“Some HR departments are in the business of engendering conformity through appraisal systems, competency models and so on,” adds Jones. “At their worst, HR systems narrow the range and eliminate the interesting characters that are the source of challenge.”

Goffee uses engineering firm Arup as an example of an organisation that deliberately seeks out “people who don’t fit in” and where creativity is viewed as a premium. “The problem with [this approach] is [lack of] co-ordination and efficiency,” he adds. “Sometimes it takes a bit longer to get everyone on board and get people who are wildly different from each other working well together. [Arup] thinks it’s worth doing because in the end they can build the Sydney Opera House through nurturing those differences. But don’t expect that to be cost-free.”

Practise radical honesty

This one is simple. Goffee sums it up: “Tell the truth before someone else does – or social media will.” And truth-telling is not about spin. “We need to break out of the spinner mode of thinking because there’s a real advantage in telling the truth early,” says Jones.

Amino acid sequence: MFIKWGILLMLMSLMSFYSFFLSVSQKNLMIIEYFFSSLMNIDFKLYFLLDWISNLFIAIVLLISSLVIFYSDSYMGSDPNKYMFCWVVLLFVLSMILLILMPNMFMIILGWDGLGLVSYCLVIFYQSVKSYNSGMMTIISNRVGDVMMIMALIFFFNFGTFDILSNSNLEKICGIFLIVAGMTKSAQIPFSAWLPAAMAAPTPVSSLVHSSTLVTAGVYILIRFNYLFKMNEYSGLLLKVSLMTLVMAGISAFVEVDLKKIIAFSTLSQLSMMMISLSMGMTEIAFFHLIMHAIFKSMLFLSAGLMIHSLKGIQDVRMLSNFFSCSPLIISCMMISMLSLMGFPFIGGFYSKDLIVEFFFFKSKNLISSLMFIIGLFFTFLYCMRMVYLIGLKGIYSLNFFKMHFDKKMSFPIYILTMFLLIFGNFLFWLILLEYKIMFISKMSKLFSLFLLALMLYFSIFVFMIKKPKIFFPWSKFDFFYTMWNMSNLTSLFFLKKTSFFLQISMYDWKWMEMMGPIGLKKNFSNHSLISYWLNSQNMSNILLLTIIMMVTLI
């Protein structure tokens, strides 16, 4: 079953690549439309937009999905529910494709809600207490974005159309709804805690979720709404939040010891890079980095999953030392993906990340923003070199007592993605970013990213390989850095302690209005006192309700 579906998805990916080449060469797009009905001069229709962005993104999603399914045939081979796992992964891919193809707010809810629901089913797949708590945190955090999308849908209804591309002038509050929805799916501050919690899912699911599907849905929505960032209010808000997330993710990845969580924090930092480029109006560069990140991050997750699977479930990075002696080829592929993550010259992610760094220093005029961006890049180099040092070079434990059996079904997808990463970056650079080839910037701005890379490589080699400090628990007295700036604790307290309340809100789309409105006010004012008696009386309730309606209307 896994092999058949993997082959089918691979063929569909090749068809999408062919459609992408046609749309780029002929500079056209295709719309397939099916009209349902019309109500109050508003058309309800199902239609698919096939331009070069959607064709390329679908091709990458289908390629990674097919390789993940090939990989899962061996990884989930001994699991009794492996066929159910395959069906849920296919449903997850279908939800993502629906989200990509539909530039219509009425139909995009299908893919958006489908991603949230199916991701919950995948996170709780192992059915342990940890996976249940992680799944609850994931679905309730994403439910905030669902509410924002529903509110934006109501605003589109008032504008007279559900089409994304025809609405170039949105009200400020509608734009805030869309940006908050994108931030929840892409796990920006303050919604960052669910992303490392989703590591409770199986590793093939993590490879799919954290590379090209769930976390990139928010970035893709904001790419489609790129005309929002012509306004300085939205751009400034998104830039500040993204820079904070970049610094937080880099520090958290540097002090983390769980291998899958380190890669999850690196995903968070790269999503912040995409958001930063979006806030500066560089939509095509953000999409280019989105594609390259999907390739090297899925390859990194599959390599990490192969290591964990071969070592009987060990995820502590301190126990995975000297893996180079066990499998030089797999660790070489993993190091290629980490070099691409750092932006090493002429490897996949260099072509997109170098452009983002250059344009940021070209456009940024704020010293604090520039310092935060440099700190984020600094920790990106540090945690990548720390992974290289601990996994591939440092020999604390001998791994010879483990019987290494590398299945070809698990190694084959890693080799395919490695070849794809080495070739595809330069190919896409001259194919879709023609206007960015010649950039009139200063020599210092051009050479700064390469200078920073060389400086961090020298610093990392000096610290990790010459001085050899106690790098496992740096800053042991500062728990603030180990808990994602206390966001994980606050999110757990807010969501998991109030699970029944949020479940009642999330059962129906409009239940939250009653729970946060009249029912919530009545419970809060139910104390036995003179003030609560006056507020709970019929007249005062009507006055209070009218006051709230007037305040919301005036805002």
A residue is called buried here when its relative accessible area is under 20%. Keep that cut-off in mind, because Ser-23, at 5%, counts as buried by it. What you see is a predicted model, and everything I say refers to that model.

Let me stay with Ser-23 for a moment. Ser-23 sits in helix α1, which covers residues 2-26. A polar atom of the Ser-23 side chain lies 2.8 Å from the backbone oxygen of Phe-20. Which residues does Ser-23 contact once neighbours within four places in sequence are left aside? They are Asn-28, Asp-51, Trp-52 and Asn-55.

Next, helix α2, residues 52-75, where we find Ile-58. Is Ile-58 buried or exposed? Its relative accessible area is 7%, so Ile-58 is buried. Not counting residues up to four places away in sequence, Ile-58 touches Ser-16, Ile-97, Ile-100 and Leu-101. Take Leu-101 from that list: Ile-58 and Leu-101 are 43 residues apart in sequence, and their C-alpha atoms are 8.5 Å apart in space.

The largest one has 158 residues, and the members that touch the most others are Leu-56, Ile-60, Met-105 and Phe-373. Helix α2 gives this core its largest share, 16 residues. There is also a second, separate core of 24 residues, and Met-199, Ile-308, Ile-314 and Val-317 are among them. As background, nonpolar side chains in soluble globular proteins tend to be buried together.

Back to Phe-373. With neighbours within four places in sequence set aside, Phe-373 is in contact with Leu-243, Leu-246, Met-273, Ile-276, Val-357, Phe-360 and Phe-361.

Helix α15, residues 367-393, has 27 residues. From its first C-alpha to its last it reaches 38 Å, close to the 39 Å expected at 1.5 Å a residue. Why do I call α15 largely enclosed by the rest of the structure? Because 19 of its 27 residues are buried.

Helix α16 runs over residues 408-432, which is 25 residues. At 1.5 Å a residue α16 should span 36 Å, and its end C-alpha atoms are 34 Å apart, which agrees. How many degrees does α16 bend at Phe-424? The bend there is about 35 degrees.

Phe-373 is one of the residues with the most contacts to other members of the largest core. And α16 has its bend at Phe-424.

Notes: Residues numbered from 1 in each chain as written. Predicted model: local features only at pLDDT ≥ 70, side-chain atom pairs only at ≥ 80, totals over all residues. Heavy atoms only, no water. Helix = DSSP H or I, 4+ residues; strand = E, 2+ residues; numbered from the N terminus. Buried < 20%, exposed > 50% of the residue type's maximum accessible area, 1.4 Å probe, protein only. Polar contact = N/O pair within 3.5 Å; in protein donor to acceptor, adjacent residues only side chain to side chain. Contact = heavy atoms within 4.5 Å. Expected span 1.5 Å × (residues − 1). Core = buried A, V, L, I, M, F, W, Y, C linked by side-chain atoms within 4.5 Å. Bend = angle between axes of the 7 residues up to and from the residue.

Jones brings up the banking crisis as an example of why telling the truth “is an absolute imperative, in a world of social media, Wikileaks and FOI requests”. “Did [board members and senior leaders at banks] know that LIBOR had been fixed? Either they did and they kept quiet, or they didn’t and were incompetent. Either answer is unacceptable.”

While Goffee concedes there are many “honourable reasons” for not sharing, such as fear of losing competitive advantage and paternalistic employers who think they are protecting their employees from bad news, he quotes Google chairman Eric Schmidt’s view that “your default mode should be to share everything”, apart from what is prohibited by law or regulation. “Proactively sharing is better than reactively sharing,” he advises.

Extra value: build on their strengths

“We’ve known for a long time that people who enjoy their work are more productive. So why do some organisations go out of their way to make work unpleasant?” asks Jones. His and Goffee’s thesis is around making people happier in the workplace by adding value to both their personal and professional development.